The Federal Reserve could ramp up its bond purchasing program to push down further on borrowing costs, but for now the U.S. economy’s most pressing need is for a new round of government spending, U.S. central bankers said on Wednesday.
“I think we have the capacity to do more asset purchases,” said Chicago Fed President Charles Evans, among the central bank’s most dovish policymakers. Even if it doesn’t buy more bonds, the Fed could ease policy by weighting its purchases to more longer-term securities, he added.
But long-term interest rates are already low, he said, and investors don’t appear to be losing faith in the Fed’s September promise to keep short-term rates near zero until the economy reaches full employment and inflation reaches 2% and looks set to rise further.
At some point the Fed will likely need to give explicit guidance on the future pace or type of asset purchases, Evans said, but “that’s not where we are, and it’s probably going to be the Spring until I have a better sense” of any next steps on the balance sheet.
Almost since the moment the Fed last month delivered its beefed-up promise to keep rates at zero for what could be years, attention has focused on whether the Fed would back up that promise by expanding its $7 trillion balance sheet at a faster pace.
But minutes from that meeting, released Wednesday, show little discussion over whether to adjust the Fed’s current $120 billion-a-month pace of bond purchases.
At a separate event Wednesday, New York Fed President John Williams noted that the Fed is purchasing “an extremely high level of assets already,” a characterization that appeared to signal little appetite for doing more.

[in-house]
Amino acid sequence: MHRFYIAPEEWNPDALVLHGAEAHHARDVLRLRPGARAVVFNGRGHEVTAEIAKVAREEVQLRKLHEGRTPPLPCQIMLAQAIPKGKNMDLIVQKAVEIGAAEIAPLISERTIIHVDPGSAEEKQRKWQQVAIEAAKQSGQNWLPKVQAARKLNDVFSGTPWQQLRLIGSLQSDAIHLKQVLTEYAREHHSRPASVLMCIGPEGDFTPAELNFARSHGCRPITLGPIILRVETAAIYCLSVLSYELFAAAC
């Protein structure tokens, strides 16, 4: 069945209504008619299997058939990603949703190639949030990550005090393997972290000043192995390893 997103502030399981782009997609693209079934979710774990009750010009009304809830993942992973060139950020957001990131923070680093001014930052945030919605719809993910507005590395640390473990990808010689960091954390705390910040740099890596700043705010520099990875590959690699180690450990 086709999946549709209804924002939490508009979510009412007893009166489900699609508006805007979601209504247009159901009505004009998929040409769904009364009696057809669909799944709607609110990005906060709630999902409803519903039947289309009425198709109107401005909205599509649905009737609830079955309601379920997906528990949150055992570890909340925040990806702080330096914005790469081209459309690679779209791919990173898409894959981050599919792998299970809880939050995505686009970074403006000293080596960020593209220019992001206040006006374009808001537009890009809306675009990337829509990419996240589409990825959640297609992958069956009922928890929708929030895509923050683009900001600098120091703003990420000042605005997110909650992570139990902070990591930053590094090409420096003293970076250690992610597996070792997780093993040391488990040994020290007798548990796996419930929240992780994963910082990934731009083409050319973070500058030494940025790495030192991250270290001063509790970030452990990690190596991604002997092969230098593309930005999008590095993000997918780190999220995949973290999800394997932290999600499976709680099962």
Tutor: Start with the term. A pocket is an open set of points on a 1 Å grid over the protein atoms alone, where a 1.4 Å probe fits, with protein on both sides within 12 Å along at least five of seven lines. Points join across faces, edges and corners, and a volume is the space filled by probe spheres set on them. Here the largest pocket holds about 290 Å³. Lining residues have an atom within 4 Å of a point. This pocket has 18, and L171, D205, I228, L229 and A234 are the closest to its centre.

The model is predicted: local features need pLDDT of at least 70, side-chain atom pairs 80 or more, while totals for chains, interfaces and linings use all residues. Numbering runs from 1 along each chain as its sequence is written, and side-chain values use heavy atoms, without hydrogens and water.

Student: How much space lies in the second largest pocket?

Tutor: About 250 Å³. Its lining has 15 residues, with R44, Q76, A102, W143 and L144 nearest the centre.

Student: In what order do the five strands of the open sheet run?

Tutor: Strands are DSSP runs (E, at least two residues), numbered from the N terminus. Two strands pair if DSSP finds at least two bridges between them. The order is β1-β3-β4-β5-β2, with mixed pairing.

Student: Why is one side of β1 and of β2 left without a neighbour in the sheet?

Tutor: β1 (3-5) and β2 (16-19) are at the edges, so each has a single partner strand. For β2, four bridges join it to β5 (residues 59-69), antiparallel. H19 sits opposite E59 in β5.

Still, he suggested the door on more purchases isn’t closed.
“Clearly in the future we’ll continue to assess what’s the best use of our tools to achieve our goals,” Williams said.
Both Williams, in a rather elliptical way, and Evans, very directly, called for more federal spending to pull households and businesses through the pandemic recession.
While the economy has bounced back more quickly than many had expected from the depths of the crisis, the labor market is still down 11 million jobs from where it was in March. Many of those losses are looking to become permanent in sectors still hard-hit by the pandemic such as leisure, travel and restaurants, creating hardship for laid off workers.
The situation argues for “timely” action by government, Evans said.
President Donald Trump on Tuesday called off negotiations on a broad stimulus bill until after what he said would be his reelection in November. Democratic presidential nominee Joe Biden is leading in the polls less than four weeks before the Nov. 3 election.
Reporting by Ann Saphir; Editing by Leslie Adler